- Arm’s advisors earned $84m in fees from last week’s IPO, with the lion’s share of around $51m going to Deloitte. However, Arm’s share price dipped below the IPO price. That aside, owner SoftBank was rumoured to be thinking of sinking some of the proceeds of the IPO into OpenAI but it did actually lead a $280m funding round for Mapbox whose software powers the in-car navigation systems of many major car manufacturers. Interestingly, another UK chip designer, Imagination Technologies looks like it will head stateside to do an IPO in New York. Another one gets away!!!
- All eyes were on the IPOs of Instacart and Klaviyo this week to see whether the Arm “party” would continue and help usher in a new flood of flotations. Instacart’s IPO went well and closed up 12% on its debut.
- Kokusai Electric is gearing up to be Japan’s biggest listing for five years! It makes machines that are used for part of the chipmaking process so it is able to take advantage all the current AI hype!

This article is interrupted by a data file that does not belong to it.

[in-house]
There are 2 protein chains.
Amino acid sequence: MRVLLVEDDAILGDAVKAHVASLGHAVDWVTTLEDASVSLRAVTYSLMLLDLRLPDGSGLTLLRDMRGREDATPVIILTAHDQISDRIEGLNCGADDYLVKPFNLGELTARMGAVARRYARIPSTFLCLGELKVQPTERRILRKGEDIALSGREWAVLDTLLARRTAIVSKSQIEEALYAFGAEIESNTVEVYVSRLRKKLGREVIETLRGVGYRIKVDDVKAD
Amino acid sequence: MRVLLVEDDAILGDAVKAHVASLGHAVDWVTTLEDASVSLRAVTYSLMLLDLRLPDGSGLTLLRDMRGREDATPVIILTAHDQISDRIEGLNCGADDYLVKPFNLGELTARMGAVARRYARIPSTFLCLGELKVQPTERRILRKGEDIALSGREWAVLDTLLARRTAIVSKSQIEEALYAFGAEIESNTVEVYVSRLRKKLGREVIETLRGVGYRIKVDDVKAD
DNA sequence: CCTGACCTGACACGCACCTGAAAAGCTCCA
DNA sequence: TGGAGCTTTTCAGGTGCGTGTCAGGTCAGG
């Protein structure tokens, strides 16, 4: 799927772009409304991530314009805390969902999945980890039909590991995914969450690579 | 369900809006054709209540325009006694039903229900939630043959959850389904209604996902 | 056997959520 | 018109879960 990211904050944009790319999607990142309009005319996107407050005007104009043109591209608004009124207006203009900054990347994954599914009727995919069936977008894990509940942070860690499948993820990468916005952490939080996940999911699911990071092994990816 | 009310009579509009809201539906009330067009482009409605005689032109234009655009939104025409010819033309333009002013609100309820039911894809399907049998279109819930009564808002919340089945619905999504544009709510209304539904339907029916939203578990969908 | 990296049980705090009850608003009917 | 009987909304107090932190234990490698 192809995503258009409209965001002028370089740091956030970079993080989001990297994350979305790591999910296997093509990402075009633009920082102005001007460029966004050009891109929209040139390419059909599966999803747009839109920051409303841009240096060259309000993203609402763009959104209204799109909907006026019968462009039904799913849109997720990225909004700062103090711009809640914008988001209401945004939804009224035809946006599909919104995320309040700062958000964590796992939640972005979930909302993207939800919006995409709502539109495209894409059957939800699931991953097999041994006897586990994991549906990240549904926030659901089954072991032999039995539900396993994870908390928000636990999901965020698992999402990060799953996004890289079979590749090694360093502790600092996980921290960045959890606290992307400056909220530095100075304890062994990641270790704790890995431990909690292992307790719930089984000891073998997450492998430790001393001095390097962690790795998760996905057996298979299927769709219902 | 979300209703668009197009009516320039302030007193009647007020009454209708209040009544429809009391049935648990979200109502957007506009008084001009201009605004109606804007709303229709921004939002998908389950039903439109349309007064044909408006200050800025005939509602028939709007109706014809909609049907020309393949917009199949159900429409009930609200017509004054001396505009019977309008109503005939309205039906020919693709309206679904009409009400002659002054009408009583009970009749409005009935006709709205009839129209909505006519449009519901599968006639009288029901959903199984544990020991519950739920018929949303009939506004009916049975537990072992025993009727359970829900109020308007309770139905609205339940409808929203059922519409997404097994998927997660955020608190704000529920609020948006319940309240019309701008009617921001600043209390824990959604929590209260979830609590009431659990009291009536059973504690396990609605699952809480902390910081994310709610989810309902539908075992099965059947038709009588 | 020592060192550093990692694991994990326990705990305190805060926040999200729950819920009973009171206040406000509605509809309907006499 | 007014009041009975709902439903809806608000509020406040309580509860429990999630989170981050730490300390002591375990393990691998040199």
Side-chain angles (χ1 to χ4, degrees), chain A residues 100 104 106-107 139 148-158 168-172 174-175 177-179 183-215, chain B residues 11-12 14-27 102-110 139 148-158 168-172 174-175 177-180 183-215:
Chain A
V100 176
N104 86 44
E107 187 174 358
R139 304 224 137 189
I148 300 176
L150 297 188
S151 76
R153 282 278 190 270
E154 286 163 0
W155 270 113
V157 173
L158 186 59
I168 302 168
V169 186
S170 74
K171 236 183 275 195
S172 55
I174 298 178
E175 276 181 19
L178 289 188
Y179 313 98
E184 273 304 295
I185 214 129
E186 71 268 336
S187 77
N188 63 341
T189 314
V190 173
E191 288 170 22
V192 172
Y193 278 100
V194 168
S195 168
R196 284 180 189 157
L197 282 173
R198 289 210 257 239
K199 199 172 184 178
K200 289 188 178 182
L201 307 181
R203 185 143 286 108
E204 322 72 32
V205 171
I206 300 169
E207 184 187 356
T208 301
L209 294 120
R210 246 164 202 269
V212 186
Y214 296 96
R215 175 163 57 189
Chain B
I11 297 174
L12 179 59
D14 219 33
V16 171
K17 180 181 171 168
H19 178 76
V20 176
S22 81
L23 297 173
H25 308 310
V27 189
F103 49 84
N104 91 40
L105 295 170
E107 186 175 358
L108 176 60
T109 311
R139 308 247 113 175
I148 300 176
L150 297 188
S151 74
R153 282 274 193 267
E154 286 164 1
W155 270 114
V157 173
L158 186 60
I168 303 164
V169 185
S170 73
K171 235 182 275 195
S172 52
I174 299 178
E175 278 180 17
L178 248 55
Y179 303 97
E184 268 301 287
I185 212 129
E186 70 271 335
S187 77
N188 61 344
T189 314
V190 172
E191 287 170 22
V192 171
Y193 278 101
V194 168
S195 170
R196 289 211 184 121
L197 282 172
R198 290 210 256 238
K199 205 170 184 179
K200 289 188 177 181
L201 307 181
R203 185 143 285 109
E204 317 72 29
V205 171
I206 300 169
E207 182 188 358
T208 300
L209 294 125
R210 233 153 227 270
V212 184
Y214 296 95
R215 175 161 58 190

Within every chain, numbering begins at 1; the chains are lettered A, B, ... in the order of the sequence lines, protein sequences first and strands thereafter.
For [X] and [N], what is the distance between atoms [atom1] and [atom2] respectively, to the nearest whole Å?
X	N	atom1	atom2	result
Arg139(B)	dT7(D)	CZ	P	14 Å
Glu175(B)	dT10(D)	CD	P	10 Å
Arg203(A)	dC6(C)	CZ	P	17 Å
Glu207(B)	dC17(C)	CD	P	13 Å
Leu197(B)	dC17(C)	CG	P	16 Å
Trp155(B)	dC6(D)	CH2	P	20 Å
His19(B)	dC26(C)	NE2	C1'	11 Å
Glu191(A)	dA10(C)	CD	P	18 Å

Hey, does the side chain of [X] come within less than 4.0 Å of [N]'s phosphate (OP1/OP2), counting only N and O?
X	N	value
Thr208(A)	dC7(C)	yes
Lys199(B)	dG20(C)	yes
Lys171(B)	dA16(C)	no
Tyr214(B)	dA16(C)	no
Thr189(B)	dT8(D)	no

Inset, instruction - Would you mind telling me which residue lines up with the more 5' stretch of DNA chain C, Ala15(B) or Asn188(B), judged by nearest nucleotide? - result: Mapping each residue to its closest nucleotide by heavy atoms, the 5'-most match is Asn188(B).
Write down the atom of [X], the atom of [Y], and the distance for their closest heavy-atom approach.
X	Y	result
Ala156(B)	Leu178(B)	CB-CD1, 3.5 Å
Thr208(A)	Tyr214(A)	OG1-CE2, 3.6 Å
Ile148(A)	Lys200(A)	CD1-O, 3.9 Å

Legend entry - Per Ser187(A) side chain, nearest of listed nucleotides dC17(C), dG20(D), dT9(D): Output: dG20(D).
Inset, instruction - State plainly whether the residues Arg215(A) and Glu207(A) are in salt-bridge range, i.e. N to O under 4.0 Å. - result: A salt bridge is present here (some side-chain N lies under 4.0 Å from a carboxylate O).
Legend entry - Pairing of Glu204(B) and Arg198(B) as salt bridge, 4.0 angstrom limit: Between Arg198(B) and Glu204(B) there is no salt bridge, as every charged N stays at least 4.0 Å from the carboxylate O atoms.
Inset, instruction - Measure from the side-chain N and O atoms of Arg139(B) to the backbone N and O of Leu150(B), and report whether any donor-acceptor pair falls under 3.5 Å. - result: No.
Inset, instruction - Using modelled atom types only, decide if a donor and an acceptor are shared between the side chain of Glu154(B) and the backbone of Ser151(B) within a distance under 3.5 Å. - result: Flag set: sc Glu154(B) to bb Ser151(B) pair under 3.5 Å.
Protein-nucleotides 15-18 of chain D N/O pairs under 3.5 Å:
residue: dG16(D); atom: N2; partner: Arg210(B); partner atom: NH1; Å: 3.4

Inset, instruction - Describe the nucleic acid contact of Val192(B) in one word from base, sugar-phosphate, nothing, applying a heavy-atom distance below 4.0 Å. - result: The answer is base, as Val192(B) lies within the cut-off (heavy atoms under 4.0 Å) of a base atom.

IN M&A NEWS…
- Cisco bought cybersecurity company Splunk for $28bn in cash in Cisco’s biggest ever acquisition! The combined company will provide customers with AI and other tools to analyse their data and find security threats.
- Toshiba is to be taken private in an £11bn private equity deal led by Japan Industrial Partners. It would be Japan’s biggest takeover this year if it gets shareholder approval in November.
IN REAL ESTATE NEWS...
- China Evergrande Group’s woes continue – this time at its wealth management business as some staff are detained by police. Last week, ratings agency Moody’s downgraded China’s property sector from stable to negative.